Study reveals exact dose of UV sterilization against COVID-19
The idea for the study came as shortages of personal protective equipment (PPE) early in the pandemic prompted Ye University staff, Germany, and Binghamton to quickly build UV disinfection stations for children. hospitals in the area so that N-95 masks and other items can be reused.
“There are many studies on UV dosage in the scientific literature, but not systematically“Ye said.”When we started this project, there were really no data or experiments to do because the pandemic happened so quickly.. “
Ye and German received funding to pursue their questions through a mid-2020 grant of $182,728 from the National Science Foundation.
The Binghamton team added a retrovirus similar to SARS-CoV-2 to three different media and exposed them to three different wavelengths in the UVC range.
UVC destroys viruses and other microorganisms by damaging their DNA and RNA, which are biological organic building blocks for life.
“The effectiveness of sterilization is greatly affected by the media where the virus is located, Ye said. , but the effect is completely different. “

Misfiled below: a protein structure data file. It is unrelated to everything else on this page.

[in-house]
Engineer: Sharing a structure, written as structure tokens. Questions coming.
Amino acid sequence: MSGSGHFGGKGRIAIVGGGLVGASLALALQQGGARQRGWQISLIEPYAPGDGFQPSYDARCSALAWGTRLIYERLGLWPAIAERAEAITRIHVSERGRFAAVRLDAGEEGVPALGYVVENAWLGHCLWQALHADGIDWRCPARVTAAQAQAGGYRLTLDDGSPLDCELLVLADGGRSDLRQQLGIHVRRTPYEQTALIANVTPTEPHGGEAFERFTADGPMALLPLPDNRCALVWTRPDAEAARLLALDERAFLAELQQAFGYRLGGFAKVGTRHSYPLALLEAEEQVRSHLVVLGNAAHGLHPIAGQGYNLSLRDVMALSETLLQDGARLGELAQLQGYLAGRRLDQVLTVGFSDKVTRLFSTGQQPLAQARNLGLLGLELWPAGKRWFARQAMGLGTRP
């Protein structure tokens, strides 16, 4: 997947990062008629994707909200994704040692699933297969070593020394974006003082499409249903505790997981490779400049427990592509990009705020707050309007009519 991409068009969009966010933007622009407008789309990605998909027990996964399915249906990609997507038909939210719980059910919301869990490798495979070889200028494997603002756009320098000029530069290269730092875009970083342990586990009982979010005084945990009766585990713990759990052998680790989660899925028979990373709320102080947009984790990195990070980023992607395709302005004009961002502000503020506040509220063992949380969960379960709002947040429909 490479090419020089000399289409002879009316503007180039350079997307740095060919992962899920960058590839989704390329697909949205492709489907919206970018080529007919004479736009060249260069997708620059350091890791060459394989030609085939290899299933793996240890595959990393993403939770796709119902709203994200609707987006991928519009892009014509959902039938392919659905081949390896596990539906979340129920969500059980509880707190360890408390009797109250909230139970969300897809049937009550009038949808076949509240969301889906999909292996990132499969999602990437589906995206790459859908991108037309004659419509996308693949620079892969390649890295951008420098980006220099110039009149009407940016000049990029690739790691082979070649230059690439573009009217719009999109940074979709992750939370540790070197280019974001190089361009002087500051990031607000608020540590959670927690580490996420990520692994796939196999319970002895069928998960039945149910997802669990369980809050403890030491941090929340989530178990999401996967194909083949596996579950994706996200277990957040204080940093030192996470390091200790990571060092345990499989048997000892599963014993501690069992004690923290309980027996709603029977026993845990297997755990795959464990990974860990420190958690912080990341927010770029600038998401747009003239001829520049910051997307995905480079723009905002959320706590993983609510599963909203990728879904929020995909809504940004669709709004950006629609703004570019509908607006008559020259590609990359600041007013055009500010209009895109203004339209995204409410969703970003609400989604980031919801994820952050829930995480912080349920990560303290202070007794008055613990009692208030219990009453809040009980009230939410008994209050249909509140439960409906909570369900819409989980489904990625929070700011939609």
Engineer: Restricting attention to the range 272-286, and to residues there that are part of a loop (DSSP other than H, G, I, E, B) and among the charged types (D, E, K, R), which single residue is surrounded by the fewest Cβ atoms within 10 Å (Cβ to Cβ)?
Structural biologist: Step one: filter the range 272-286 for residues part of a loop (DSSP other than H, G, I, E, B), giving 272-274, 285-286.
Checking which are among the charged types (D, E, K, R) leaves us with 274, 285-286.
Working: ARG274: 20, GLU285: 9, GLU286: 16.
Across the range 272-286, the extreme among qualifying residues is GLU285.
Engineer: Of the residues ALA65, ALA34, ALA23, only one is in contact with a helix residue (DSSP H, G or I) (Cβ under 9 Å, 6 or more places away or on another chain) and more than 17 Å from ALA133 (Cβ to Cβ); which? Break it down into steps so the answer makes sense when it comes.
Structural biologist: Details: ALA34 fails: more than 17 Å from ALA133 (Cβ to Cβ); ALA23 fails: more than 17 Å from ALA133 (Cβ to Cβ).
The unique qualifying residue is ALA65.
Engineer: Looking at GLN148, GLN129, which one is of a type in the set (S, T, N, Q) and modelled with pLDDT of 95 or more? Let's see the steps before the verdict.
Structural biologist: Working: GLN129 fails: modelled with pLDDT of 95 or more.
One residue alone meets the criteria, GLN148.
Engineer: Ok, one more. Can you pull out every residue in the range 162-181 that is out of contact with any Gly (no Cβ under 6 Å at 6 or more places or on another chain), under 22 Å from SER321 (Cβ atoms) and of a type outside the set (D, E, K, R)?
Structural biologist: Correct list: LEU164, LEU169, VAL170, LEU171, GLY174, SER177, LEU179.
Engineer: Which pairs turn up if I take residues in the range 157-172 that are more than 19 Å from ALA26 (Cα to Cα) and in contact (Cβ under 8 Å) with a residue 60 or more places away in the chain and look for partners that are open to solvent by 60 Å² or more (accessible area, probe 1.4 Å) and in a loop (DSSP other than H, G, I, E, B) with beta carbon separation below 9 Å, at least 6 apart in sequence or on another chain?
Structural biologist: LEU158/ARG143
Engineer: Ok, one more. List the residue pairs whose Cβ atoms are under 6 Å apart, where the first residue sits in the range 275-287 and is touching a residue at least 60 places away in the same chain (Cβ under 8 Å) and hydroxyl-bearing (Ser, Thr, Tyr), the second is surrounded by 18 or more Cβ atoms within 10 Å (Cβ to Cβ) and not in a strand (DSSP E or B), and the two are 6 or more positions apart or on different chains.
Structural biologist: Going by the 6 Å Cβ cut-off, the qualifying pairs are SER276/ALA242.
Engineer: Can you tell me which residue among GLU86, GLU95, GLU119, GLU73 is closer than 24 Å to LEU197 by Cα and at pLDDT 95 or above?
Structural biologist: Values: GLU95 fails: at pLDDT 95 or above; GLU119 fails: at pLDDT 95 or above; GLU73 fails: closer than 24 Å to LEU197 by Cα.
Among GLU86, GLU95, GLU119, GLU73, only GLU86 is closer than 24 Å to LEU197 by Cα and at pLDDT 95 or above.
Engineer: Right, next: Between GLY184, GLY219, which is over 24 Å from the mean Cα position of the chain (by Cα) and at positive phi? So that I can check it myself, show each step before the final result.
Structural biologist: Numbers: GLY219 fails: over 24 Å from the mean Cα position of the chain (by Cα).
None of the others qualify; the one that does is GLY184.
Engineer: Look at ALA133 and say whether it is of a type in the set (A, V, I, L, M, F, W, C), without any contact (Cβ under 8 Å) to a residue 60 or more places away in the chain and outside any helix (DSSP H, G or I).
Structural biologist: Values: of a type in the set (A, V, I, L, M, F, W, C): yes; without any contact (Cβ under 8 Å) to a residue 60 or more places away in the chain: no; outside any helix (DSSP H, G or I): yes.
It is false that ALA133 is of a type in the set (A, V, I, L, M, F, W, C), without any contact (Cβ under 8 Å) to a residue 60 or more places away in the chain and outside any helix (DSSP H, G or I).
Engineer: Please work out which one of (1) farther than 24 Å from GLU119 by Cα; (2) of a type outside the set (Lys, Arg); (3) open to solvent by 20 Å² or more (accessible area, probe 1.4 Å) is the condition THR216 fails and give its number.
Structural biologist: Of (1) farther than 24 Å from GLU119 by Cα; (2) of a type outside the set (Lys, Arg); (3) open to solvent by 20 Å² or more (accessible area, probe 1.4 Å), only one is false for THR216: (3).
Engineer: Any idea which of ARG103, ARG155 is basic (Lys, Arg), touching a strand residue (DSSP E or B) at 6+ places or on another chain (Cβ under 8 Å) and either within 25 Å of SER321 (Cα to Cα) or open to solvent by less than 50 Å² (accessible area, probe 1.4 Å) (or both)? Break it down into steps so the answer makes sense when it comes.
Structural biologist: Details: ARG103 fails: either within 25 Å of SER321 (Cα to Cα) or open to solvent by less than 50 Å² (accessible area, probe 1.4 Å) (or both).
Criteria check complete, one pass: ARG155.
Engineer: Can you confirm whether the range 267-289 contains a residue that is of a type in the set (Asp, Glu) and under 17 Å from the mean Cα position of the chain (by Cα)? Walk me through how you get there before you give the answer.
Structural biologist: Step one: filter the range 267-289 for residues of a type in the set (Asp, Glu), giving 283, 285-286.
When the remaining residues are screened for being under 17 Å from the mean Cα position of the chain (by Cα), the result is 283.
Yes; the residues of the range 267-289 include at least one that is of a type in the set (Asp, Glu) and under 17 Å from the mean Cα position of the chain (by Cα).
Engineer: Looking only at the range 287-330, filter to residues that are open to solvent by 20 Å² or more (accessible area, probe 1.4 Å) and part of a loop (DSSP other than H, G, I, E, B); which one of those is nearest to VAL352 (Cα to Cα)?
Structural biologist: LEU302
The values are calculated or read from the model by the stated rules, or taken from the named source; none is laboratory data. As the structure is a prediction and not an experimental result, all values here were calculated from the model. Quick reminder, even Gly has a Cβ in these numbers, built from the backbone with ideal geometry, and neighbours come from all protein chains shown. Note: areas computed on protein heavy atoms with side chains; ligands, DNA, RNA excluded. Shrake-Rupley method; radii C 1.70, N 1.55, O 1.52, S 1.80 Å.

The best results during the study were the range of 260 to 280 nanometers, commonly used in UVC LEDs. Wavelengths below 260 nanometers can only be deployed in open spaces because they can be harmful to human skin and eyes.
“There are many companies that are deliberately saying that their products are completely disinfected and completely safe“, said Germany.
“However, in this paper, we demonstrate that both far (222 nanometers) and conventional (254 nanometers) UVC light degrades the mechanical integrity of the stratum corneum, the top layer of the skin, causing higher chance of cracking. That means nasty bacteria and other microorganisms can get in and potentially infect your skin.. “
Based on the research results, Ye and German designed a disinfection system using LED light, so there is less damage to human skin. They are conducting additional testing before filing a patent for it.
“We’re waiting for data, and then we’ve pretty much done. We know it will work“, Ye said.
Additionally, the Binghamton team also found that two amino acids and vitamins are strong UVC absorbers, and that discovery could lead to lotions that can block contact and prevent skin damage if UVC sterilization becomes more common in public spaces.
Ye believes that the most important part of this study is that it provides the scientific basis for standardizing and correcting the claims from UV sterilizer manufacturers.
“The system we devised can become a model for anyone who wants to standardize dosage“he say.”This is how to determine the level of eradication of SARS-CoV-2 by UVC – also SARS-CoV-3, SARS-CoV-4, SARS-CoV-5. We hope we never get there, but we need to prepare. “